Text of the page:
(! [[x y] ...] sequence-of-pairs)  ;;Not yet working

Filtering the scan sequence

Often you only want to use some of the elements from the scan sequence. For example SQL's select has a where with a boolean expression; only elements for which the expession is true are included. With scan patterns we have the option to filter the values either where the scan variables are introduced (the pattern), or when they are used.

(The examples in this section are not working - and the design is undecided.)

Kawa has a splice operator @expr that takes a sequence and spreads it out to multiple arguuments. (It is similar to JavaScripts's spread syntax ...expr.) It is useful to allow splice operators in scan expressions, and even more useful to allow them in one or more branches of an if. The following expressions selects the odd elements from a, doubling them, but drops even elements. It does the latter by returning a 0-length splice for each even element:

[(if (odd? a) (* 2 a) @[]) ...]

Some reasonable syntatic sugar would be to allow leaving out the else expression of an if, having it default to a zero-length splice:

[(if (odd? a) (* 2 a)) ...]

APL has an expand operator that repeats elements of an array based on another count array. This functionality can be achived using splices in scan expressions. For example, the following repeats each odd element, and skips even elements:

[(if (odd? a) @[a a] @[]) ...]
Equivalently (parsing issues aside):
[@(if (odd? a) [a a] []) ...]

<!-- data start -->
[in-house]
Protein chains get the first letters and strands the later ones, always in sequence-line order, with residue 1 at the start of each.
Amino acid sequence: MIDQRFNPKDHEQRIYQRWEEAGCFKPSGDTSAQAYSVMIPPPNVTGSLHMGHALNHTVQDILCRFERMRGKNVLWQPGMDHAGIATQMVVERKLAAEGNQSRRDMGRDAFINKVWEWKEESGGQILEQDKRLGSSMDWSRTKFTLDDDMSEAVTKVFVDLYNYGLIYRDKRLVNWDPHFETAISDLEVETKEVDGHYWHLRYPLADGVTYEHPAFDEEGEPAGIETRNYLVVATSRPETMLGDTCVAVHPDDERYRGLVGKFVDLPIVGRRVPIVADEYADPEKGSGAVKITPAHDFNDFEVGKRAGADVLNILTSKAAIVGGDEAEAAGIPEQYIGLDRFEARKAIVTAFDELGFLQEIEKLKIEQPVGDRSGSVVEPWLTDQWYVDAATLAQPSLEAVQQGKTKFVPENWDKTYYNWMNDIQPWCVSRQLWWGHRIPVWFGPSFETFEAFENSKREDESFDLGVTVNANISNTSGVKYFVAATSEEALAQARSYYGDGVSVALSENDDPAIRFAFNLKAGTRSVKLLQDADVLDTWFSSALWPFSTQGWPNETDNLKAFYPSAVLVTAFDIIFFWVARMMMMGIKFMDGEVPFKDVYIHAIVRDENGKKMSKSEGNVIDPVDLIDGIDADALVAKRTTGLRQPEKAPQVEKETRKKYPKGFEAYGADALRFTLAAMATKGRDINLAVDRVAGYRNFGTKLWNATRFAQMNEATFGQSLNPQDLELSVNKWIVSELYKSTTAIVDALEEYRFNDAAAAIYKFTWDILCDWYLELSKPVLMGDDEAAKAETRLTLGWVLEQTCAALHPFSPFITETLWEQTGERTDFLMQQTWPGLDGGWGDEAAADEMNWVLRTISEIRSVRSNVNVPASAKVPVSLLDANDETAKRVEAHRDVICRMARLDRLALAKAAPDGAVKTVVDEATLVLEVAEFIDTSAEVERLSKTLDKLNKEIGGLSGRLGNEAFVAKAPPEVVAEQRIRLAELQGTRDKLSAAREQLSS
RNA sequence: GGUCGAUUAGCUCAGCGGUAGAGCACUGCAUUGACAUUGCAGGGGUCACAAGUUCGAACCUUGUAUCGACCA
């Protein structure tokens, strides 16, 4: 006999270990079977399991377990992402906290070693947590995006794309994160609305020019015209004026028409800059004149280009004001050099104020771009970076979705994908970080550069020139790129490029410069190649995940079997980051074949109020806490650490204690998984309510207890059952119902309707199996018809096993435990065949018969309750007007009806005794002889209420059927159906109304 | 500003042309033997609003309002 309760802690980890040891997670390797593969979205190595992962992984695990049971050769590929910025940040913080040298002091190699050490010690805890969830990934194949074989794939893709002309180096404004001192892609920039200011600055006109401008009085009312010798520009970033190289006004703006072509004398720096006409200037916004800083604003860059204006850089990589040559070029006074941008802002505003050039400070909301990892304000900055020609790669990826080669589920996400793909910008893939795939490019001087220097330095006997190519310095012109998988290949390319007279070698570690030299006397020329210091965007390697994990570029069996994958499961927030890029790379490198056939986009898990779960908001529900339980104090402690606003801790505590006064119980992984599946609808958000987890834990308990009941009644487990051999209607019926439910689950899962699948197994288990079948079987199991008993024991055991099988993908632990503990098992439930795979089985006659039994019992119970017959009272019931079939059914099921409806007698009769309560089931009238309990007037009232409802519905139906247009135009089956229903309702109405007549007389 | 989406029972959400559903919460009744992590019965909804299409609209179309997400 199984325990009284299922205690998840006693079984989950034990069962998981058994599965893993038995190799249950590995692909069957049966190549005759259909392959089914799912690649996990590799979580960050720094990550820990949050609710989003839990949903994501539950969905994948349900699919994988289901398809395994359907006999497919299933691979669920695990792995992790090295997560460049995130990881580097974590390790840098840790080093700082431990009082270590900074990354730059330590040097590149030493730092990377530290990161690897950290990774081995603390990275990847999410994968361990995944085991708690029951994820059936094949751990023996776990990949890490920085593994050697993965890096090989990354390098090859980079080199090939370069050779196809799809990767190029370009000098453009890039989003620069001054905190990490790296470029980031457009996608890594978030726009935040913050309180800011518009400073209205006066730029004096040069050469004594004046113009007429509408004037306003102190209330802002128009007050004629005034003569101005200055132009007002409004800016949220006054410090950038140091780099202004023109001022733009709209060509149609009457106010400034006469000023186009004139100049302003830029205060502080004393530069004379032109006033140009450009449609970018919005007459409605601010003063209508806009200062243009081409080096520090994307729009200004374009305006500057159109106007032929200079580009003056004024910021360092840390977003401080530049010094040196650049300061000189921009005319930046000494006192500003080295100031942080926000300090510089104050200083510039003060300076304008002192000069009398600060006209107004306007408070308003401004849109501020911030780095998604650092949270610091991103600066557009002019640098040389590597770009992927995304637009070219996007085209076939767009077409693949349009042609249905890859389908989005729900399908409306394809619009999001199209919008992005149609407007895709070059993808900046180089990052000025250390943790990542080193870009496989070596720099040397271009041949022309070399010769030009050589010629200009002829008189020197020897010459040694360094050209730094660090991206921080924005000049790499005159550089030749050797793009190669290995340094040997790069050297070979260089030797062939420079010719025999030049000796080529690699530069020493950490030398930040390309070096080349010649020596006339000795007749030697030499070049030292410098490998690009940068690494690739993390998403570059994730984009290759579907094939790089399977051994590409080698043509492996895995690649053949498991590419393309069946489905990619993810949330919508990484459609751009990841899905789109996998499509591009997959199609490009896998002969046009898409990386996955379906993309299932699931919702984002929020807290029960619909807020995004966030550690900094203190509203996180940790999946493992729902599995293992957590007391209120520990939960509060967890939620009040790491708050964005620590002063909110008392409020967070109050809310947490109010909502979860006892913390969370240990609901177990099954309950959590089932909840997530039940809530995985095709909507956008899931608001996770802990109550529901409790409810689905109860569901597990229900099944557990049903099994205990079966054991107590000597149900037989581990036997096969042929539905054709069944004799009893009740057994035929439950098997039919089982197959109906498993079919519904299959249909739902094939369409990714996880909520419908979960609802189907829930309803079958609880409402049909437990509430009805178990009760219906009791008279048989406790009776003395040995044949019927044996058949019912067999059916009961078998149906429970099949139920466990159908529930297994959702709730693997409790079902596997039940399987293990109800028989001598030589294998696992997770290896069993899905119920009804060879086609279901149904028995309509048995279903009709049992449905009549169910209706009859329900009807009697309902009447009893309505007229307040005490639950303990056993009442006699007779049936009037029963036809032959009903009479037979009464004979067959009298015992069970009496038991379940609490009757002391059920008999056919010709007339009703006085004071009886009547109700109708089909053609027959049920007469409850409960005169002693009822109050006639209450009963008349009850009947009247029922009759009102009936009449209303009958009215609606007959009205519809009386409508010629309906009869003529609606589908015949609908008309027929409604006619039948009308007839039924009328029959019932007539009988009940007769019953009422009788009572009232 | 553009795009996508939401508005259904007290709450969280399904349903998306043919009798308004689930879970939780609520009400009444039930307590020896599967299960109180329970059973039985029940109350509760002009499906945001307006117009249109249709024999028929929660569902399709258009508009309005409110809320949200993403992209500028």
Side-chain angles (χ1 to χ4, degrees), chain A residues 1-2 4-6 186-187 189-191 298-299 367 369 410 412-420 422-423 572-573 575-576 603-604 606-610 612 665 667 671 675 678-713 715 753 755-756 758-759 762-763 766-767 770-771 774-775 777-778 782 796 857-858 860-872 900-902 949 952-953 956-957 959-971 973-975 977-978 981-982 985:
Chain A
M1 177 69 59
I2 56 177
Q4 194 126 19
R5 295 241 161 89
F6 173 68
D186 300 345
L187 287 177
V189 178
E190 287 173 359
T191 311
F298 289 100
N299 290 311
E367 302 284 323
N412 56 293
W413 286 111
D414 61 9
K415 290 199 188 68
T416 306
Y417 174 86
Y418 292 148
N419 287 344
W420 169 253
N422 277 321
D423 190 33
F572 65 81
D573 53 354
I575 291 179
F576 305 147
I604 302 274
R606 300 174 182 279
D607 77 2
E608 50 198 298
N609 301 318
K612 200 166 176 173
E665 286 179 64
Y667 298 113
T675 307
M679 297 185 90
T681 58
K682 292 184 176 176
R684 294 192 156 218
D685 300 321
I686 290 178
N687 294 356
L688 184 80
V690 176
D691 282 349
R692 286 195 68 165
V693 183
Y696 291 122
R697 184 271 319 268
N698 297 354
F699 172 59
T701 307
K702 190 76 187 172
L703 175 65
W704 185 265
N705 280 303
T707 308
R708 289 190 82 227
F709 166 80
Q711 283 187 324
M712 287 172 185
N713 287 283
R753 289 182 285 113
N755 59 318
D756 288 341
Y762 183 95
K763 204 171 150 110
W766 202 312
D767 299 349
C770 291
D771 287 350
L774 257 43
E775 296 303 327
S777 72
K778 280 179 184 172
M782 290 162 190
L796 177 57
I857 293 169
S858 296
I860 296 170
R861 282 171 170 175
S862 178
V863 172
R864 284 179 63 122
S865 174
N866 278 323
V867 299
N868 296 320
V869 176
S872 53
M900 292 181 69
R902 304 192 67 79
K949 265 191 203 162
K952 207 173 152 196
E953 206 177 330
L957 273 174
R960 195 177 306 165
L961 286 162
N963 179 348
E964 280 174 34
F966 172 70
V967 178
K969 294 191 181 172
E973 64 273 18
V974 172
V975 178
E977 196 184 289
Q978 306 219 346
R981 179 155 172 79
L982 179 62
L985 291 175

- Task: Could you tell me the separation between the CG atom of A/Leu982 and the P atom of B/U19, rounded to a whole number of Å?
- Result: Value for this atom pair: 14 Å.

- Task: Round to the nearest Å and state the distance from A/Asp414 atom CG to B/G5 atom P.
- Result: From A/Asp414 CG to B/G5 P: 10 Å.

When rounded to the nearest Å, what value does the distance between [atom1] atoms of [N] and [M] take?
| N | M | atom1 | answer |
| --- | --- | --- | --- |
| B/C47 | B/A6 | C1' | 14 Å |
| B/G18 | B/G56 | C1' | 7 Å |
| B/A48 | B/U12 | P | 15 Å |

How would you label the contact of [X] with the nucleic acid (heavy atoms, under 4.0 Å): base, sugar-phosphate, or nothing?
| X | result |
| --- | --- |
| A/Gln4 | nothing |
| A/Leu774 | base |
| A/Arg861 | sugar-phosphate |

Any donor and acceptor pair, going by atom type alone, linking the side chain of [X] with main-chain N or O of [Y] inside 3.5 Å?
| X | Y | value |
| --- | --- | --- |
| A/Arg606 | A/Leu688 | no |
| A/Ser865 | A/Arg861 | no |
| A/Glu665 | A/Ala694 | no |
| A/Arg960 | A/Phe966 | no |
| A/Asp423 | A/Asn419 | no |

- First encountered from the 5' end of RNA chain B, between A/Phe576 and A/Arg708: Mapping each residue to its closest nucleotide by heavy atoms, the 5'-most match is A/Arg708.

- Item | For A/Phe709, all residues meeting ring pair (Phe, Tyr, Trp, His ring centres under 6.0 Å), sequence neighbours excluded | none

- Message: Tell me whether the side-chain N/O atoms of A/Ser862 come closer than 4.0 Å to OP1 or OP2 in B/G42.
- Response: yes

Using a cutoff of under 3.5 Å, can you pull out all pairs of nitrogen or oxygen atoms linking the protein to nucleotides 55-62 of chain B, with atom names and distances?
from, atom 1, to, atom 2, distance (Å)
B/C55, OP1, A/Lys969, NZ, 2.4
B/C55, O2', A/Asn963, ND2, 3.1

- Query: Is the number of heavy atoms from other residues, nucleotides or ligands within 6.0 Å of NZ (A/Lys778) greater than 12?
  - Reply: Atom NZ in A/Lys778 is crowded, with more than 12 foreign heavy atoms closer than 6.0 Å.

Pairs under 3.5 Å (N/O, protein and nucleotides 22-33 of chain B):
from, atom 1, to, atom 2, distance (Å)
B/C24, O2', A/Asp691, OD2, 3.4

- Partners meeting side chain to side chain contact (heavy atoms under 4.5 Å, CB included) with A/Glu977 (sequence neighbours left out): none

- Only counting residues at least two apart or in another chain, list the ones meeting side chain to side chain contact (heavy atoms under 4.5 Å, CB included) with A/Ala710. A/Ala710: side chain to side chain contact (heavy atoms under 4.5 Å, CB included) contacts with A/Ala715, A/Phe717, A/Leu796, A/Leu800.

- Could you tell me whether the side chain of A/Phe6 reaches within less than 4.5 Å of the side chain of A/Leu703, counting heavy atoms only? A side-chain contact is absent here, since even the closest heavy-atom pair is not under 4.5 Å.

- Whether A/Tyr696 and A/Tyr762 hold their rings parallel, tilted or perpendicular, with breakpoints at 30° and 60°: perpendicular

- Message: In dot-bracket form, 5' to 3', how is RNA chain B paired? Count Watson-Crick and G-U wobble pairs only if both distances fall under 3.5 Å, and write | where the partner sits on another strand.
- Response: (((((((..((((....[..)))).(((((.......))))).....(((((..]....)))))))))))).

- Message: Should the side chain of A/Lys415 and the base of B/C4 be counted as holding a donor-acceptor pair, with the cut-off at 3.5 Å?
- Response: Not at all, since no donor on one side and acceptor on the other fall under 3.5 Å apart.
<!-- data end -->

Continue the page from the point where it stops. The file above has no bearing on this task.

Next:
It is also useful to filter at the pattern level. The following hypothetical syntax would create a scan variable a from those elements of the scan sequence A that satisfy the boolean expression (P a).

(! [a ...] A #!if (P a)) ;; hypothetical
Note the sequence of a values used to evaluate (P a) would be different than the values in scan expressions. That might be an issue.

Outer product

Instead of processing multiple sequences in parallel, sometimes you want the multiplicative combination of elements from all the sequences. This is called Cartesian product (or outer product in APL), or an cross join in database query languages.

This could be handled with a (not implemented) outer-product function:

(outer-product [10 20] [1 2 3]) ⇒
  [[10 1] [10 2] [10 3] [20 1] [20 2] [20 3] [30 1] [30 2] [30 3]] 
We could use it like this:
(! [[x y] ...) (outer-product X Y))

The above syntax is a bit awkward. Some syntatic sugar would help. If so, it should include an option for filtering only the desired combinations based on a boolean expression.

Comprehension as looping

Scan expression can form the basis of a looping framework in a programming language. Assume a function ignore that ignores its arguments. Then this is one way to write a for loop, using its scan expression for its side effects:

(let (([i ...] [0 <: 10]))
  (ignore (do-something-with i) ...))
The scan valuable i range of the range expression [0 <: 10]. The scan expression (do-something-with i) is evaluated for each i.

A general looping construct needs a way to exit the loop based on a condition, as in a while loop. Than can be done by having a scan expression return a special #!done value.

This assumes the scan elements are evaluated sequentially, which is a reasonable default. It would be useful to have some way to request that evaluation be done in parallel. This could be implemented by translating the code to use Java 8 streams, though for performance reasons we only want to do that when parallel execution is wanted.

Implementation notes

A scan variable is implemented as either a java.util.List or a (Java) array. Using an array may be more efficient, partly because it easier to avoid boxing; on the other hand it may require more copying.. Scan patterns are expanded by the compiler to a loop which initializes the array. Scan expressions expand to map calls, which are generally inlined to loops.

Numerous optimizations and performance improvements are possible.